Magnolia Plantation and Gardens is a historic house and garden that was founded in 1676. The plantation’s the first house was built in 1676 by the original owners, Thomas and Ann Drayton. This house and the second house built on the site was destroyed by fire. The current home, a one-and-a-half stucco construction with a raised basement and tower, is viewable by guided tour was built in 1873. In the early 1840s, Reverend John Grimke-Drayton, the grandson of Thomas Drayton, began developing the gardens into the magnificent state it is in today. After developing tuberculosis in 1851, Reverend Drayton, focused his sole attention on landscaping the gardens and surroundings with azaleas and camellias being the primary plants within the garden. He also paid special attention to making sure that the garden was designed around the ideal that something was always in bloom no matter the time of year that people would be visiting. In the early 1870s, the gardens at Magnolia was open to the public becoming one of the first public gardens in the United States. In addition to the house and gardens, Magnolia Plantation is home to numerous fresh water lakes which serve as a preserve for alligators and water fowls; diked rice fields with provide additional sanctuary for wildlife; a row of slave cabins (four of which dates back to the 1850s and one that dates back to the 1900s; live magnolia and oak trees; and a Native American ceremonial mound that evoke the plantation’s complex past.
There are many activities that one can participate in while visiting Magnolia. You can participate in a guided tour of the house or join the “From Slavery to Freedom” guided tour of the slave cabins or you can take a self-guided walk around the gardens. You can also hope on the nature train which takes you through the plantation’s wetland, lakes, forests, and marshes or explore the flooded rice fields along the Ashley River on the boat tour.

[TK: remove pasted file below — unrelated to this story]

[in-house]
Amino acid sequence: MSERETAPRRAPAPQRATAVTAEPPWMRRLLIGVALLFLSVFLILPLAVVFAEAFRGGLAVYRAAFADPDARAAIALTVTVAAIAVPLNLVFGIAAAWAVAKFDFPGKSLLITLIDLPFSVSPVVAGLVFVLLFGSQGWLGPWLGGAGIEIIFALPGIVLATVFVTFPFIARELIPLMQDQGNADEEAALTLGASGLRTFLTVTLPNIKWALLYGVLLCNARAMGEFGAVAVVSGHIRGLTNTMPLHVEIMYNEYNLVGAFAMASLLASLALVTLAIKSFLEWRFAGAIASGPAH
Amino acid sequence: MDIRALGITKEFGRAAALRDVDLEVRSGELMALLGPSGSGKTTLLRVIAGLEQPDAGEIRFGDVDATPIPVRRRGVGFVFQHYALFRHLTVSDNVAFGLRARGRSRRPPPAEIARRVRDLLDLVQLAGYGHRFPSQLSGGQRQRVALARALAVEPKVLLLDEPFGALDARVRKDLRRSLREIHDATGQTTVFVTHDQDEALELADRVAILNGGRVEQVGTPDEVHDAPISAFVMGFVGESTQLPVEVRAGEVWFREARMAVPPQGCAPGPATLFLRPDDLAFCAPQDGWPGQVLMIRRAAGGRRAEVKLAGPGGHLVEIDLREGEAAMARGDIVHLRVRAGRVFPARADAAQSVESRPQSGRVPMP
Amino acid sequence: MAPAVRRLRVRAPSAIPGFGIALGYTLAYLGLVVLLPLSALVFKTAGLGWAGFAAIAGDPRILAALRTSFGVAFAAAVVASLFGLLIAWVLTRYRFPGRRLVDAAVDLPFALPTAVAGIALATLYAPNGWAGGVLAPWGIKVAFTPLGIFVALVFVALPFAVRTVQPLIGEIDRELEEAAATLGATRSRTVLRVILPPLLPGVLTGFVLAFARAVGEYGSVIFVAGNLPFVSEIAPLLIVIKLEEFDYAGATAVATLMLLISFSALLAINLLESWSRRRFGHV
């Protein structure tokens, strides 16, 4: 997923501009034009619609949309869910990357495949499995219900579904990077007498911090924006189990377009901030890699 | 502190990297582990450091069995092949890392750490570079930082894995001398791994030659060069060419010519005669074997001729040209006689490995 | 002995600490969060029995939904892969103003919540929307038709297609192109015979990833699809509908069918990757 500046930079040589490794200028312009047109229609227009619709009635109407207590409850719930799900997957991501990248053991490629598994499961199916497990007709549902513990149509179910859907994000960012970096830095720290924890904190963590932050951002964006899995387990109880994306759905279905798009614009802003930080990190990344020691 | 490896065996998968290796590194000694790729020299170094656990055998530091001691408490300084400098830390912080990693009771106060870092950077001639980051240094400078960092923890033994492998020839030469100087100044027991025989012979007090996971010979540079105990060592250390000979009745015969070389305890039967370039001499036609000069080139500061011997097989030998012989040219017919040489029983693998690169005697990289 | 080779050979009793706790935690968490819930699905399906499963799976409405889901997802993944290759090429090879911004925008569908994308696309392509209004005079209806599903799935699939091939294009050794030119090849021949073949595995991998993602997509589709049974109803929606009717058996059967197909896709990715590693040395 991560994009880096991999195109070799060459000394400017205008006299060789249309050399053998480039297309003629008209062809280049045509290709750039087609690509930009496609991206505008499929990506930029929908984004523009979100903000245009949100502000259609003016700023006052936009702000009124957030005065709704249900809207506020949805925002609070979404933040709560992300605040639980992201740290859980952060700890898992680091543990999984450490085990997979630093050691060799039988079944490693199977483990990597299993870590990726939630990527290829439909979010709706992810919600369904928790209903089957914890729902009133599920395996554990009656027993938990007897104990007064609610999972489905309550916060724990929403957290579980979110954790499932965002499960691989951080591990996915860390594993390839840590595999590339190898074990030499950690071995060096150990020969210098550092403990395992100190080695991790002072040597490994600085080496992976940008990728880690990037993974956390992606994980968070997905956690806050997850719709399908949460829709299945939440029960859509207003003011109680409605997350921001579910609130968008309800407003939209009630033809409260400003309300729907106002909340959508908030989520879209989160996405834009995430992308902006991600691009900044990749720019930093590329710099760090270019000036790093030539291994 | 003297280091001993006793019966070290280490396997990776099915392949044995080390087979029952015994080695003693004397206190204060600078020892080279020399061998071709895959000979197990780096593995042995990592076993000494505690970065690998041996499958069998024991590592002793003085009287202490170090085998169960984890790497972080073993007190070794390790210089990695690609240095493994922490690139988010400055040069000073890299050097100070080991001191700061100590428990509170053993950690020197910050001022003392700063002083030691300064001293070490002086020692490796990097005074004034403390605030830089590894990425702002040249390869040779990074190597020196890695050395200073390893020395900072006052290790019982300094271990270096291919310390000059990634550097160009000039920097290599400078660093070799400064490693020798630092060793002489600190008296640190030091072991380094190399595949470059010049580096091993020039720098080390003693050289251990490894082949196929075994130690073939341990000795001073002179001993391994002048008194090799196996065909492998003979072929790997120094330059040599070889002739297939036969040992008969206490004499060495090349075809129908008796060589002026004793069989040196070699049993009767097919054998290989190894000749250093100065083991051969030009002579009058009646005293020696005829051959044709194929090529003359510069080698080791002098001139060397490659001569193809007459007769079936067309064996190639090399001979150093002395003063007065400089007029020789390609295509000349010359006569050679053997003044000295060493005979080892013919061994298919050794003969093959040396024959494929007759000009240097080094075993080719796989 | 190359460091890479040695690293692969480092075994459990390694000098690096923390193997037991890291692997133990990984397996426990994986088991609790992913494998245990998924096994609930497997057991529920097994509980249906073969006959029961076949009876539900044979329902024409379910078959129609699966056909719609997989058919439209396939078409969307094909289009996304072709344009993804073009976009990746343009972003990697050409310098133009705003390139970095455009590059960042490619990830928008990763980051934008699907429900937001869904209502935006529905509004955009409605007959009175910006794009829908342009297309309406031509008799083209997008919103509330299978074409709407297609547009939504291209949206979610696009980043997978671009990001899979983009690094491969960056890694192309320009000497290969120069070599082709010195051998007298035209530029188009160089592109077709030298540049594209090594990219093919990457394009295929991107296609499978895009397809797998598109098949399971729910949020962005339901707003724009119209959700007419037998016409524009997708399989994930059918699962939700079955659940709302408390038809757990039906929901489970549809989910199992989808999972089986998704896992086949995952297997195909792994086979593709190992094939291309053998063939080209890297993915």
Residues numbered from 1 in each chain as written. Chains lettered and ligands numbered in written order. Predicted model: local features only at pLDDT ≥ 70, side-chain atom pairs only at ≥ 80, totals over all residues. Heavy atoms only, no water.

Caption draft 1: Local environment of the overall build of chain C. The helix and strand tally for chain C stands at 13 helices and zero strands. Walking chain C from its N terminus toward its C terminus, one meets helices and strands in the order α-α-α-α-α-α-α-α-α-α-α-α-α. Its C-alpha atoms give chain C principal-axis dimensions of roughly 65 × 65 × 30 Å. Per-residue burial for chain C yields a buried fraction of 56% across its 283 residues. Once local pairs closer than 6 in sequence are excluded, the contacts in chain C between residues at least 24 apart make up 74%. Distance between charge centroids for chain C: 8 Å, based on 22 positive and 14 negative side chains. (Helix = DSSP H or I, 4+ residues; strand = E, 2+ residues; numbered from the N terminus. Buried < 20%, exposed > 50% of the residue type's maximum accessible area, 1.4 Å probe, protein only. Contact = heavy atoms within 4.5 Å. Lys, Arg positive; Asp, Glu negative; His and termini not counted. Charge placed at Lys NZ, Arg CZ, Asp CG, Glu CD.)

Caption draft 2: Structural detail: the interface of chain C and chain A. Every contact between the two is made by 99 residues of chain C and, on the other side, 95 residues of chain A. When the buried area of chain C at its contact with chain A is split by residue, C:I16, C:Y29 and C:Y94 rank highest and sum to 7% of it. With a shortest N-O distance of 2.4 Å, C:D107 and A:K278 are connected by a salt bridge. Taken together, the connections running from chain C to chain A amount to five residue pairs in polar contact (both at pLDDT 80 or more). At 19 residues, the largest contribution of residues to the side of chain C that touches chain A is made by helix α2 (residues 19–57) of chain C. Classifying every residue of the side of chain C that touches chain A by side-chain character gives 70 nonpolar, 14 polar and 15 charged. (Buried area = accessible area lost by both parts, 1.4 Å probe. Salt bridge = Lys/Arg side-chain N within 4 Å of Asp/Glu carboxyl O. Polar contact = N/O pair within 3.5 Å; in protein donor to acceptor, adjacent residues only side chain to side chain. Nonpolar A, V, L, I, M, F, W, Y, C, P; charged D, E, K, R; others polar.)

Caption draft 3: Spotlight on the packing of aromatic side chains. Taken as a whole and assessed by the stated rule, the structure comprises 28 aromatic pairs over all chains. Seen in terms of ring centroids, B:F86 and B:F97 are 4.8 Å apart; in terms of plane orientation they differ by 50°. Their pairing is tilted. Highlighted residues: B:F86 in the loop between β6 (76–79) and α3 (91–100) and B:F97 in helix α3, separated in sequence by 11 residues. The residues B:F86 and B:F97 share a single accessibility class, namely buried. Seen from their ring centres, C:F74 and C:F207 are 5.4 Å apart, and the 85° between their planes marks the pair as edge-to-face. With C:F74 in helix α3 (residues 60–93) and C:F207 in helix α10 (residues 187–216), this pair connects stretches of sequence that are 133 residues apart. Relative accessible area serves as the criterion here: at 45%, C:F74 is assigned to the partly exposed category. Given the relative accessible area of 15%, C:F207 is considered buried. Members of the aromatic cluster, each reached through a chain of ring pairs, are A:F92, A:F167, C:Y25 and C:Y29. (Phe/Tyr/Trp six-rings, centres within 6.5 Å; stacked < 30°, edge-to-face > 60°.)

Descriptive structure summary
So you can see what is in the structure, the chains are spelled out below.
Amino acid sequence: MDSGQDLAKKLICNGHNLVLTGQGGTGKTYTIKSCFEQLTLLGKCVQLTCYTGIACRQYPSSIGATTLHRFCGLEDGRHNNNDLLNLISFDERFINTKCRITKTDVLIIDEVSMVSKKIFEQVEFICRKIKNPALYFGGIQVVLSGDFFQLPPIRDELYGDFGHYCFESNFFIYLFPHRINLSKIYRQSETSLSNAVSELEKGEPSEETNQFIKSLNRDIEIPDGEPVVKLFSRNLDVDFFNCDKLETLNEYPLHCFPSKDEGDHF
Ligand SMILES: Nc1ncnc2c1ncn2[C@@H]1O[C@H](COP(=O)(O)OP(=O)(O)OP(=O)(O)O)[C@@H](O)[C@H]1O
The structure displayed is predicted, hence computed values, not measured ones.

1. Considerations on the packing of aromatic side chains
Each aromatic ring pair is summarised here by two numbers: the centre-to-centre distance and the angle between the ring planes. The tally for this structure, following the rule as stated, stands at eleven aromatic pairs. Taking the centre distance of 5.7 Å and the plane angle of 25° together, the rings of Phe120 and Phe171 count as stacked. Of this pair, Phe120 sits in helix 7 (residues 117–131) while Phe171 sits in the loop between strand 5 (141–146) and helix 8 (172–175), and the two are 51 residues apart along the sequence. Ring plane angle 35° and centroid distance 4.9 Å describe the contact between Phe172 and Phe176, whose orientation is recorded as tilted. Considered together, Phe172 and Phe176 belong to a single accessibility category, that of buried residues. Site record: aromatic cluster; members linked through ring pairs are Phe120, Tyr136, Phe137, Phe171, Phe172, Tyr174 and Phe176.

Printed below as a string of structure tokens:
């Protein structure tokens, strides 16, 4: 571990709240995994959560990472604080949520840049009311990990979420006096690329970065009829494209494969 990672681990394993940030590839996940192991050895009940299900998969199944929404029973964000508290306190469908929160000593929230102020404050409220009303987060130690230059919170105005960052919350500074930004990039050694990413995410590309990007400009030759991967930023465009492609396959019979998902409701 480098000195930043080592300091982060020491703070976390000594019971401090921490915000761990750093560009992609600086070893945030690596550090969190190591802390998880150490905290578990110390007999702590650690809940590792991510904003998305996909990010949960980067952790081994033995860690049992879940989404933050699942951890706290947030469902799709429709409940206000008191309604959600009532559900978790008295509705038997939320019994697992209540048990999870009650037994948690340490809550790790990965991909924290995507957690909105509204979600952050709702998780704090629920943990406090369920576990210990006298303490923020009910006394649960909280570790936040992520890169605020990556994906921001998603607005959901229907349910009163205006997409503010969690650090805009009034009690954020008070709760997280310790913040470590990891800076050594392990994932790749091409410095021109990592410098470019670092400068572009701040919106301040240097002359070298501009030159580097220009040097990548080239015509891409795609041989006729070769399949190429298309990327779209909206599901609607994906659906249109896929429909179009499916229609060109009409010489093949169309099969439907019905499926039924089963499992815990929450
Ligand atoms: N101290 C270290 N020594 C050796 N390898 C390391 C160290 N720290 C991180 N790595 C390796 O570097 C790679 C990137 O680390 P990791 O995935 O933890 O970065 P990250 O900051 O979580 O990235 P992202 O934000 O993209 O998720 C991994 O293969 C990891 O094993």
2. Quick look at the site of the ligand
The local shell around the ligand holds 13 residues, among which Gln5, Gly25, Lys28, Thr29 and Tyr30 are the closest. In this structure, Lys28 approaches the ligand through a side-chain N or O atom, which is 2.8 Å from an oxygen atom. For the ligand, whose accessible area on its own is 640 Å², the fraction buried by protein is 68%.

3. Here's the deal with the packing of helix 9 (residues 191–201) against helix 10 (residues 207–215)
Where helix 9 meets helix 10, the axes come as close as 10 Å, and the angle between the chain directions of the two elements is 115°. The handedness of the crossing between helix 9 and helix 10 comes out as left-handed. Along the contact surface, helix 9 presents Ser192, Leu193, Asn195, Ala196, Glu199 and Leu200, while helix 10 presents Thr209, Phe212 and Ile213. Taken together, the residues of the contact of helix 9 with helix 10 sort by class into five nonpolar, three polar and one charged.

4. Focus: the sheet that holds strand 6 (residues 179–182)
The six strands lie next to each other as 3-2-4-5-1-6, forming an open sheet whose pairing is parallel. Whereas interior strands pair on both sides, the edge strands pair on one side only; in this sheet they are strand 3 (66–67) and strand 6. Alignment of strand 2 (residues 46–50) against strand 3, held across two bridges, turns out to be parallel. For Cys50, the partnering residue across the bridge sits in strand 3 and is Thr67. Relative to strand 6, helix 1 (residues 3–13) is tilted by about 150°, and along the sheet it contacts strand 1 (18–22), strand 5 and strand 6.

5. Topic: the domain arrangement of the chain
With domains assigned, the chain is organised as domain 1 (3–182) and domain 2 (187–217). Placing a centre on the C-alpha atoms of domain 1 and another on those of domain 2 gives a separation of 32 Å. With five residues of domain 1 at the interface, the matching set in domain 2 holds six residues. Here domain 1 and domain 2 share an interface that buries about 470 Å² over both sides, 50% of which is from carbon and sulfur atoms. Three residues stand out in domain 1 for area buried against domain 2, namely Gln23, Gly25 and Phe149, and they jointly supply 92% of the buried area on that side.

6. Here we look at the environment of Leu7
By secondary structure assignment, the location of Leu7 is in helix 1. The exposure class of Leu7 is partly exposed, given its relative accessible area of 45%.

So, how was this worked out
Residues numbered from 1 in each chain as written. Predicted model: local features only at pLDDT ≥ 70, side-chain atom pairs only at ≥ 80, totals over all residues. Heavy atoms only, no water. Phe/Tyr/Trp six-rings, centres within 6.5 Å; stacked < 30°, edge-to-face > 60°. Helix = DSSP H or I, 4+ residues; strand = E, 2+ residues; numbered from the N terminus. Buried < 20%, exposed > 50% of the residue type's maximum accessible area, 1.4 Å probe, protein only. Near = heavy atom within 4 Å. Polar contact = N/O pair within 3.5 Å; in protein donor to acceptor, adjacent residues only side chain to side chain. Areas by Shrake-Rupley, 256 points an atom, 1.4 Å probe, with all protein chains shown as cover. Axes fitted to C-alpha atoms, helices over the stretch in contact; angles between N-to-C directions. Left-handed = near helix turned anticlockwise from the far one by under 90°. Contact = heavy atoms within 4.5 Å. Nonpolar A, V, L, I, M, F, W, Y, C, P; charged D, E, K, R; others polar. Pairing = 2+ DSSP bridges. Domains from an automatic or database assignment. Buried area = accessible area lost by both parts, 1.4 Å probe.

To get to Magnolia Plantation and Gardens, I per-purchased my tickets for the morning tour (Tour D/Tour H) with Charleston Tours. This 5-hour tour included transportation to and from Magnolia and a “completely guided tour of the 1676 Magnolia Plantation, gardens, manor house, and narrated tram ride through rice fields, cabins, slave street, swamp gardens and wildlife habitat.” This tour was absolutely worth the money spent. The company tour guide was engaging and entertaining. The guides at Magnolia were very friendly and folksy. The house tour was informative, but photography was not allowed. If you are like me, you want to photograph everything; the inability to do so in the house made the hour tour less interesting. The real star of this tour was the nature tram and garden tour. During the nature tram, I was in awe of how much wildlife was around. I got to see a baby crocodile sunning on a ramp; a turtle sunning on a log; both male and female peacocks, and other fascinating water bird species. I was also in awe of gardens, even though a lot of the flowers weren’t in bloom. (Note: The best time to visit to see many plants in bloom is during the spring/summer months.)
I highly recommend visiting Magnolia Plantation and Gardens if you are visiting Charleston, SC. Specifically, I would recommend taking the nature tram through the wetlands; it is a great way to see a huge chunk of the plantation. If you do decide to take my advice about the tram, sit on the left side; a lot more was pointed out as being of interest on that side of the tram. On a lighter note, keep both feet, legs and arms inside the tram; the roads are very narrow and are used as alligator crossings.
I hope you enjoy this post about a very interesting place in American history.